Lupita Tovar: The Mexican Matriarch of a Hollywood Dynasty

Lupita Tovar

It’s a rampant problem. We, as Latinas, are not privy to our history in the United States, especially the important things we have accomplished and achieved. When we do not learn about our history, we believe the false narrative fed to us that we do not matter and have not made a difference in our own country. Latinx actor and activist John Leguizamo has taken it upon himself to remind us that we have been a huge and essential part of the United States for 500 years. As a Latina writer, historian, and pop culture history expert, it is also part of my mission and purpose to discover Latinx greatness and share it with the masses. So, you could imagine my excitement when I learned about Mexicana actress, Lupita Tovar. Not only is she a Hollywood star in her own right, but she is the matriarch of an entire Latinx Hollywood dynasty. Let’s learn more about Latinx Hollywood history.

Lupita Tovar

Photo of Lupita Tovar and her husband Paul Kohner

Guadalupe Natalia Tovar Sullivan was born in Matías Romero, Oaxaca, and discovered in Mexico City. She arrived in Hollywood in 1928, and is best known for starring in the iconic 1931 Spanish-language version of Dracula (which you can watch here). Tovar also appeared in Santa (1932), Mexico’s very first sound film. Too many of us do not know about Lupita and her achievements and accomplishments. Not only did she do big things on her own in Hollywood, but she also married talent agent and producer Paul Kohner, and gave birth to Susan Kohner and Pancho Kohner, who have made their own mark on Tinseltown.

Susan Kohner

Susan Kohner is Lupita and Paul’s daughter. She was born into a Hollywood family, but Susan proved that she had talent of her own and continued her mother’s legacy. In 1959, she appeared in the film Imitation of Life. Her work earned her a Golden Globe win and an Academy Award nomination for Best Supporting Actress (Susan Kohner also won a Golden Globe in 1959 for New Star of the Year – Actress for The Gene Krupa Story, and was nominated in 1960 for Best Supporting Actress – Motion Picture for Freud). A Latina who won two Golden Globes and was the first Chicana to be nominated for an Oscar– all in the 1950s/60s?! This is yet another great piece of history many Latinas are not privy to.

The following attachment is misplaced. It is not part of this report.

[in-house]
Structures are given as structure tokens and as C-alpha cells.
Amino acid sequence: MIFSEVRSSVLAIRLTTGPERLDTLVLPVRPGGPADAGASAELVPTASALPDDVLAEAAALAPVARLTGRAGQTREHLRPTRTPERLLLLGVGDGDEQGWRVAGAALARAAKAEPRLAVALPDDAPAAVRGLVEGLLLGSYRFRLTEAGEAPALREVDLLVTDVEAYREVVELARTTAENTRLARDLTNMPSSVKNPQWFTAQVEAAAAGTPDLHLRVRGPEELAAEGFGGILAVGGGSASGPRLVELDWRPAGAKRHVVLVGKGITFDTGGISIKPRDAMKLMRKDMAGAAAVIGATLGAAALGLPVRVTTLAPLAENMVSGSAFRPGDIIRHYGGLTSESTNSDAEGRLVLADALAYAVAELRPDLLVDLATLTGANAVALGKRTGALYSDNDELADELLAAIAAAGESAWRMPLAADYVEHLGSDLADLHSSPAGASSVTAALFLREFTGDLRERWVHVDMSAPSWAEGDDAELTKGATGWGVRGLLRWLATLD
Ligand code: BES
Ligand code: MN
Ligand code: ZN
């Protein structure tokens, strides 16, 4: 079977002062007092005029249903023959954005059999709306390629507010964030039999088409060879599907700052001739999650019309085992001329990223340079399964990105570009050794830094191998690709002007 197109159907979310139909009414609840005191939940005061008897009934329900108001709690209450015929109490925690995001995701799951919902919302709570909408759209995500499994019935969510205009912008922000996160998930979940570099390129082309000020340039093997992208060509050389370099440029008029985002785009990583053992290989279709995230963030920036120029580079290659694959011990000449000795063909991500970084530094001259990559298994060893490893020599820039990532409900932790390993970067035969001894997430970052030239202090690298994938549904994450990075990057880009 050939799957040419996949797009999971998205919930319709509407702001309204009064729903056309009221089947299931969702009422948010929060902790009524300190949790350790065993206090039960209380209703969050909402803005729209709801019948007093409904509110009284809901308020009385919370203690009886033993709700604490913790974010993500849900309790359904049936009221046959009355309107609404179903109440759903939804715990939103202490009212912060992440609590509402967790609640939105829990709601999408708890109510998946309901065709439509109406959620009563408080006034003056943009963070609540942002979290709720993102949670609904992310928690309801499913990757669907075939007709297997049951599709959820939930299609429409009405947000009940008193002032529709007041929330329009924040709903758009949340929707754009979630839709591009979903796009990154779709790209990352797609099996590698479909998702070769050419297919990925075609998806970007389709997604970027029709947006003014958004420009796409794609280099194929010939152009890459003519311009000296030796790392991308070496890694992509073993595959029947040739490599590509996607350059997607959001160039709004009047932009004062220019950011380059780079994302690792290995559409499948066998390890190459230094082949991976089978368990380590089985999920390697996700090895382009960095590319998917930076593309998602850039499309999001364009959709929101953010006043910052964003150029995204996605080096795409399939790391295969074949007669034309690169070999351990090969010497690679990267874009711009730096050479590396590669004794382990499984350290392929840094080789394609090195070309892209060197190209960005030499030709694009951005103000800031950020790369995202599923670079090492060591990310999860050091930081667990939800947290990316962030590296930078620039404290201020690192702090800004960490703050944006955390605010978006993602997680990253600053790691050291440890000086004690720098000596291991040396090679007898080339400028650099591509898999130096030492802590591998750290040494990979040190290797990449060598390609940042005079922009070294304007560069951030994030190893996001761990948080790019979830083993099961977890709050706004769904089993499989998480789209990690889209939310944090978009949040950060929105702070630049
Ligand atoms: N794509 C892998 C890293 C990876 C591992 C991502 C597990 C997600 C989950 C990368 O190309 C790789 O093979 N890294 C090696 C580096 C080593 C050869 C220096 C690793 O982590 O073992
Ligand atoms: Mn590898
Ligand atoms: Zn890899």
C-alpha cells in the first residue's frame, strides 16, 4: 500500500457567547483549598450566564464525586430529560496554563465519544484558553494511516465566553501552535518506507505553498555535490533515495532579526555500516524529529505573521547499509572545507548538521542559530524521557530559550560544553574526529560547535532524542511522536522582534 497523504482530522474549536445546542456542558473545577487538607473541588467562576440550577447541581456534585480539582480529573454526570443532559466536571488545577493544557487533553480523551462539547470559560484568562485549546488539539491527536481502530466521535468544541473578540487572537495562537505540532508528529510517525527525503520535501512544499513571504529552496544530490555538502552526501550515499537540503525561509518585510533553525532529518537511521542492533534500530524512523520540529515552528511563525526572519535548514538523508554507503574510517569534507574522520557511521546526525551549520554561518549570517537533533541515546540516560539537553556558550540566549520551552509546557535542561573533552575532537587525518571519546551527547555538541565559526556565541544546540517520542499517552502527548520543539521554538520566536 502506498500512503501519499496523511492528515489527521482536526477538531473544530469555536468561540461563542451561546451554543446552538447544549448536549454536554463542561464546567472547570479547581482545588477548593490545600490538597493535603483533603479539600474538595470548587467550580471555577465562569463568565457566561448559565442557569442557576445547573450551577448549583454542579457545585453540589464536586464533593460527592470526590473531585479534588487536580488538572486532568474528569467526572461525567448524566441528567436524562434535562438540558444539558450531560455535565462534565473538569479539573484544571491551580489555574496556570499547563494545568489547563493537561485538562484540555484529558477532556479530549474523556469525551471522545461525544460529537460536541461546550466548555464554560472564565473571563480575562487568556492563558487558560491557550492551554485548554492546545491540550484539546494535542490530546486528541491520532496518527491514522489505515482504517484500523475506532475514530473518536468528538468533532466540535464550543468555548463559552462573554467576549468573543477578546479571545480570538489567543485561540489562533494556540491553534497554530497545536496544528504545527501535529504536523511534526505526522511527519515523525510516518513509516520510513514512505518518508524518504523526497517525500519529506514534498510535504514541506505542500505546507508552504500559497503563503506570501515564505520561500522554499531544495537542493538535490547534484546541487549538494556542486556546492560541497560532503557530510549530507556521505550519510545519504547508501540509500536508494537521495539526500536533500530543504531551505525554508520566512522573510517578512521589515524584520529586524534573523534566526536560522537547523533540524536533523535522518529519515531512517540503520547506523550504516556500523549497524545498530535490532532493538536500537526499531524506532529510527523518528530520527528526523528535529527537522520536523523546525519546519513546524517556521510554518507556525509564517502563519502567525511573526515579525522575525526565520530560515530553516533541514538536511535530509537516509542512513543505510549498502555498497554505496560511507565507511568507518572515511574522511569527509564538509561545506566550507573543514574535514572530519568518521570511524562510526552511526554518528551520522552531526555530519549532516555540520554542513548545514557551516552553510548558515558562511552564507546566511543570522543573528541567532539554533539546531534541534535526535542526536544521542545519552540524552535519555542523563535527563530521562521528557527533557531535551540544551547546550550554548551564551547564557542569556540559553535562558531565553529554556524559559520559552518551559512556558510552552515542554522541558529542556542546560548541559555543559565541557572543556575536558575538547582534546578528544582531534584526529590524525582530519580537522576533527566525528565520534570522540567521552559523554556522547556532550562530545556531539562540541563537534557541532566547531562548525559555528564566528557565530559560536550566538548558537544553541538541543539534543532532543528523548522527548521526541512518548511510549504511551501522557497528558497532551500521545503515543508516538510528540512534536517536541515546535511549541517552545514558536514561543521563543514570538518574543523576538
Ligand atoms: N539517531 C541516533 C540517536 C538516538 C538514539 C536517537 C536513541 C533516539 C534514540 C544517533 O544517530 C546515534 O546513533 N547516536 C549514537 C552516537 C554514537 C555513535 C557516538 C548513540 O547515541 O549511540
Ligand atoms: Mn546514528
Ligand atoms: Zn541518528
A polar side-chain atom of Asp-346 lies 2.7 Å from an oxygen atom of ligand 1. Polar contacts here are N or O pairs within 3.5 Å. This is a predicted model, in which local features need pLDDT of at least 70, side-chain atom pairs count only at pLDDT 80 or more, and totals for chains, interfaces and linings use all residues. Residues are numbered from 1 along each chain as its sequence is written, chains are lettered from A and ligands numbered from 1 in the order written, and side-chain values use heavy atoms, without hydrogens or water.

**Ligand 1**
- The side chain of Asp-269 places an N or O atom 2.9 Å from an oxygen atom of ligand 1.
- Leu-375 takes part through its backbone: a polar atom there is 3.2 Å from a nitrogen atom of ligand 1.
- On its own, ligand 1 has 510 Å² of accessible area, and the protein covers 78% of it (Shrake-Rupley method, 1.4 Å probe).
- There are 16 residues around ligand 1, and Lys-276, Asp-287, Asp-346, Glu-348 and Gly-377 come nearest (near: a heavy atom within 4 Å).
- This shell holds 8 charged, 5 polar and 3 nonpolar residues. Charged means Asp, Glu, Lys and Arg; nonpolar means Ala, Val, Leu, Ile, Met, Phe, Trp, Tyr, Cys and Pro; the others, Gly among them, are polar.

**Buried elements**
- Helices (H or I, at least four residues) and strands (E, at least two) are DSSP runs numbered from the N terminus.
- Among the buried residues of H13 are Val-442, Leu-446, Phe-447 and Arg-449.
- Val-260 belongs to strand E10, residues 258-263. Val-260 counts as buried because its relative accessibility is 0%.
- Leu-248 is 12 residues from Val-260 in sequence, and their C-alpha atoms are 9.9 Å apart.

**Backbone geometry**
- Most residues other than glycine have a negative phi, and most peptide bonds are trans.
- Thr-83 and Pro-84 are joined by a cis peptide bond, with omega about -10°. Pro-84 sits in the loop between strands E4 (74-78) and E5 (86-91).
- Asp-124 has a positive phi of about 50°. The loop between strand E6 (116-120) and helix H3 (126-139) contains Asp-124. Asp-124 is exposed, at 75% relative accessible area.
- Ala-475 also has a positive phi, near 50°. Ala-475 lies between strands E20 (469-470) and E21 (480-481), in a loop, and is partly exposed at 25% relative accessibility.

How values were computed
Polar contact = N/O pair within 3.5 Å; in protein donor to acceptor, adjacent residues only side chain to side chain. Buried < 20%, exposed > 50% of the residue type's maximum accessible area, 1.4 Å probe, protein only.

Pancho Kohner

Pancho Kohner is Susan Kohner’s brother and another Latinx in Hollywood who is a part of Lupita Tovar’s remarkable family dynasty. The producer, director, and writer has been a part of 25 productions, and is known for his work on The Bridge in the Jungle (1970), Mr. Sycamore (1975), Murphy’s Law (1986), and The New Adventures of Madeline (1995-2001). Many look for Latinx people in Hollywood to start their own production companies in order to create the work that either doesn’t exist or that we don’t see enough of. Pancho was already doing that with Capricorn Productions in the 1970s. However, the Tovar/Kohner legacy (be sure to check out Kohner’s memoir of his mother, Lupita Tovar the Sweetheart of Mexico!), doesn’t end with siblings Pancho and Susan.

Paul and Chris Weitz

photo of Paul Weitz, left, and Chris Weitz

Yet another generation of the Tovar/Kohner family is proving that Latinxs have an important place in Hollywood. The Weitz brothers, Paul and Chris, are Susan Kohner’s sons and have carried the entertainment torch that Lupita Tovar lit decades ago. Together, the siblings directed American Pie (1999) and About a Boy (2002; About a Boy garnered them an Academy Award nomination for Best Adapted Screenplay). Paul and Chris created their own production company, Depth of Field, which has been a part in the creation of films including The Golden Compass (2007), A Single Man (2009), Nick and Norah’s Infinite Playlist (2008), and A Better Life (the film that made an Academy-Award-nominated actor out of fellow Mexicano Demián Bichir). 

It was announced last year that the Weitz brothers will be working on what will no doubt be their most personal project: Spanish Dracula, about their grandmother and grandfather, their Hollywood story, and how they fell in love. It’s a tale that we, as Latinas, need to know about and share with the younger generations, so that they see that for Latinxs in Tinseltown, si se puede.

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